7 Different HAM Radio Antenna Types You Need To Know

The toughest question for any ham radio operator is what kind of antenna to go for? There are a handful of options available in the market that work best under different circumstances. That expands the possibilities for users, putting them in quite a dilemma.

I hope you know that it’s the antenna that is solely responsible for transmission and reception. If you end up with the wrong antenna, the chances are that you will never get commendable performance with your ham radio.

That’s why it is very much important to get the right ham radio antenna. Our informative summary of each antenna type shall help beginners in choosing the right one.

7 Ham Radio Antenna Types

1. Dual Band VHF/UHF Antenna

dual band vhf uhf ham antenna

This type of antenna is vertically polarized and covers 2-meters and 70-centimeters simplex and repeater operating. A few examples of a dual-band VHF/UHF antenna are Diamond X-50A, Comet GP-3, and Tram 1185, among others.

The vertical whip has a lower angle of radiation when compared to a horizontal dipole. The omnidirectional radiation pattern then enables all-rounded radiation. It undoubtedly works as a benefit at HF, as well as VHF/UHF.

  • However, keep in mind, such an antenna won’t work well with weak-signal SSB and CW operating. Horizontal polarization would be a better choice in that case.

To operate on the HF band, you can set up a single-band antenna for each band, but that could result in endless cables. For this reason, it will be understandable to opt for a multi-band antenna to keep the number of wires and antennas in check.

The vertical antennas are the ideal choice for MF broadcasting and mobile communications! However, it does need an excellent ground plane for efficient performance.

The best part is they occupy much lesser space than an antenna like the horizontal dipole. You can install one in your garden plot without much hassle.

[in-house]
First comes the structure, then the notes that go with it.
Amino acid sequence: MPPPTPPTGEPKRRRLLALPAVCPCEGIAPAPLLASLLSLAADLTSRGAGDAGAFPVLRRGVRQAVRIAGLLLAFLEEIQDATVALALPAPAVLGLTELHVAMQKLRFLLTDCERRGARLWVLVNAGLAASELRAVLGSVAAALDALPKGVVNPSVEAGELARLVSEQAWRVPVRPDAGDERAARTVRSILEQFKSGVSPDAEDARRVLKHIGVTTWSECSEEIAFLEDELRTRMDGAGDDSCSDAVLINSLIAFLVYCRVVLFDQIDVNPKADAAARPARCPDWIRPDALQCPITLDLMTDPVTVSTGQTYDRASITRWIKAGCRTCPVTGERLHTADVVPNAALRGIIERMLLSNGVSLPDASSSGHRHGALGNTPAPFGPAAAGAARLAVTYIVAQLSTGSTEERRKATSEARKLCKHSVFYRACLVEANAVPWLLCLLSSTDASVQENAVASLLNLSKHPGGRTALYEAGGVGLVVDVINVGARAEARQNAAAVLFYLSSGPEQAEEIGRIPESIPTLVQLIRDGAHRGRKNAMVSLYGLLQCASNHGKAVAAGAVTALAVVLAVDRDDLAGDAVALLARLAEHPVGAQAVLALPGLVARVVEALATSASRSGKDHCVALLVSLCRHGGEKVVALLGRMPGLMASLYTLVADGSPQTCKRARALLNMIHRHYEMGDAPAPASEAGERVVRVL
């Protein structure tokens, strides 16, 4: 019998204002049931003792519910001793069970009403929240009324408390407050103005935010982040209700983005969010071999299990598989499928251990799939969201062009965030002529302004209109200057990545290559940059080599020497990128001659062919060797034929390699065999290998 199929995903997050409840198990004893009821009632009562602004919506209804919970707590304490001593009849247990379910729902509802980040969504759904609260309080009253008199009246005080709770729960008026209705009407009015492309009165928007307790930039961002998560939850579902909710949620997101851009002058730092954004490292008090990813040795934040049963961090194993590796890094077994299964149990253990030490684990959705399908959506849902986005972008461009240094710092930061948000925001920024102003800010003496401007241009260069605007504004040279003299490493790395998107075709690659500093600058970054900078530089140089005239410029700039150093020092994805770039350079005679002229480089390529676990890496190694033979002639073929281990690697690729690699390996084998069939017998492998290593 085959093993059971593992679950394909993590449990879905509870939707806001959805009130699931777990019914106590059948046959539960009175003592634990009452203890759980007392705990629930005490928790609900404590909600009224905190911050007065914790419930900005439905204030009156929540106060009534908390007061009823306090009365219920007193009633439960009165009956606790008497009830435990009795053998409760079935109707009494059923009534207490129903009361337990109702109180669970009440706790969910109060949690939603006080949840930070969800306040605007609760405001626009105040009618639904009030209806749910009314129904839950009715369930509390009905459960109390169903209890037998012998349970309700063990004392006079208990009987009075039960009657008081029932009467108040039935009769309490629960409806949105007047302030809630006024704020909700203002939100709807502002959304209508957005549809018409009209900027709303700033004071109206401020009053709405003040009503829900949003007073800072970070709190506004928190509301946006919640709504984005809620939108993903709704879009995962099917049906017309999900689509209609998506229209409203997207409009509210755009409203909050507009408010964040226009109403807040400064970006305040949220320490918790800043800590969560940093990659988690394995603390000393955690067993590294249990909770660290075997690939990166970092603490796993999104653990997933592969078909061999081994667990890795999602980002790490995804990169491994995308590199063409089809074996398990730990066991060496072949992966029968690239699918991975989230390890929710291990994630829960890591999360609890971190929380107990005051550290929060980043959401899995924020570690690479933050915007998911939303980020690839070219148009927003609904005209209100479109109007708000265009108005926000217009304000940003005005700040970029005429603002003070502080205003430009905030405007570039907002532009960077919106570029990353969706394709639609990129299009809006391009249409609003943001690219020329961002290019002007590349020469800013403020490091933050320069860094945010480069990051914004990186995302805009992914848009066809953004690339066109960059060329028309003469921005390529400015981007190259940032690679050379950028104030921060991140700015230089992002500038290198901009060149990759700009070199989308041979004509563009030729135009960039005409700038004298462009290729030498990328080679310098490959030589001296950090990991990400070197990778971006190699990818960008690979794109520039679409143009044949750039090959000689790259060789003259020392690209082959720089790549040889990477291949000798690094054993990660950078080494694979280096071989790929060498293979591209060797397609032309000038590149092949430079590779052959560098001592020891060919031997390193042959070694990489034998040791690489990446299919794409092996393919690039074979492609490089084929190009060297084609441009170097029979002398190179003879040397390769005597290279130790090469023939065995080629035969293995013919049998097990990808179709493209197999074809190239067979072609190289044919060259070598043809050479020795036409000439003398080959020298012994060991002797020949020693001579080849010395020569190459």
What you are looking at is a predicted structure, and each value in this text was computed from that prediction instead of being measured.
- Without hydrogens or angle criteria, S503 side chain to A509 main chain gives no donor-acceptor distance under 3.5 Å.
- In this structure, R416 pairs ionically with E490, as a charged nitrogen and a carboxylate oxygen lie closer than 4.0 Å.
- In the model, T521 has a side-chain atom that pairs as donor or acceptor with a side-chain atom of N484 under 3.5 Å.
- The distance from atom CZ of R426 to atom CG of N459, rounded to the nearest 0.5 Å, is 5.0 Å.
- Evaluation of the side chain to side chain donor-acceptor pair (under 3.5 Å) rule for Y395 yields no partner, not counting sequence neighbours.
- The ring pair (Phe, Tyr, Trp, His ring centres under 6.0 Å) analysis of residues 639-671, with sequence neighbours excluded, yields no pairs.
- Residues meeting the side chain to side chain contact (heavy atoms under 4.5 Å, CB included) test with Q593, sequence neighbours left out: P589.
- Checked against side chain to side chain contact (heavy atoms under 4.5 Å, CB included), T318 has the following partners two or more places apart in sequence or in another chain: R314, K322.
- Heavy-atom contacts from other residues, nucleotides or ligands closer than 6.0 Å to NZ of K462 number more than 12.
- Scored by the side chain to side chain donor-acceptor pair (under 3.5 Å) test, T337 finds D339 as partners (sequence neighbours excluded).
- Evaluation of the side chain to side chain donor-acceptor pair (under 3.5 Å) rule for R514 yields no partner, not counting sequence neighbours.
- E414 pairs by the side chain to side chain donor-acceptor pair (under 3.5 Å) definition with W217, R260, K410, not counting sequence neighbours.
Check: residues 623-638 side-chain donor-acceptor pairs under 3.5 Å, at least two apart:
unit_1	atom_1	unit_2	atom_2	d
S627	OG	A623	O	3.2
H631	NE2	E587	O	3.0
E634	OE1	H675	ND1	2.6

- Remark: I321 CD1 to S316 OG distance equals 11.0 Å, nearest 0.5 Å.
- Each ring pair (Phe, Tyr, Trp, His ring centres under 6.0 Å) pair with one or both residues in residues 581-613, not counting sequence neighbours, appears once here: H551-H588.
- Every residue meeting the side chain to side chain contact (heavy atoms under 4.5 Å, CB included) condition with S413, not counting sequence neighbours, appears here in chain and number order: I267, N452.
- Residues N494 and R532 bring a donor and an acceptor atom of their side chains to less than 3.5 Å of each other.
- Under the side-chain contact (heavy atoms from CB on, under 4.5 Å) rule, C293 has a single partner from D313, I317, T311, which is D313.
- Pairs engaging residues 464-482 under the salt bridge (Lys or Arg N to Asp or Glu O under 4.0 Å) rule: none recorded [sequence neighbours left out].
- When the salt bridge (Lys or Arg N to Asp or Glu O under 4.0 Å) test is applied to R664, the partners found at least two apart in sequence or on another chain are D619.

If you’re looking for multi-band operation, your best bet would be fan dipole or trap dipole.

2. Parallel Dipole Antenna

The parallel or fan dipole is another type you could choose for your amateur radio. It is another half-wave dipole, but with some extra elements that enable multi-band usage.

Its unique design gives it the name – fan dipole.

There may be some interaction between these additional elements, but a common coax cable connects them. It reduces the hassle and needs for multiple coax cables!

You will be happy to know that a fan dipole is easy to construct and set up at home. The material and equipment involved are available for purchase online and in markets, to support convenient construction.

3. Trap Dipole Antenna

trap diple antenna This dipole type uses traps: tuned circuits, to provide multiple band operation. It does the job by isolating sections of the antenna.

This form of antenna is usually commercially made and works as an effective solution to work with two or three different HF bands.

On this dipole, the traps electrically shorten the dipole for higher bands. The lowest frequency band decides the dipole length. By ground mounting the trap dipole, you can limit the space it occupies.

However, this means that obstructions like walls, buildings, and other objects will shield it.

To maximize the benefits, you can also combine the features of trap dipole and fan dipole.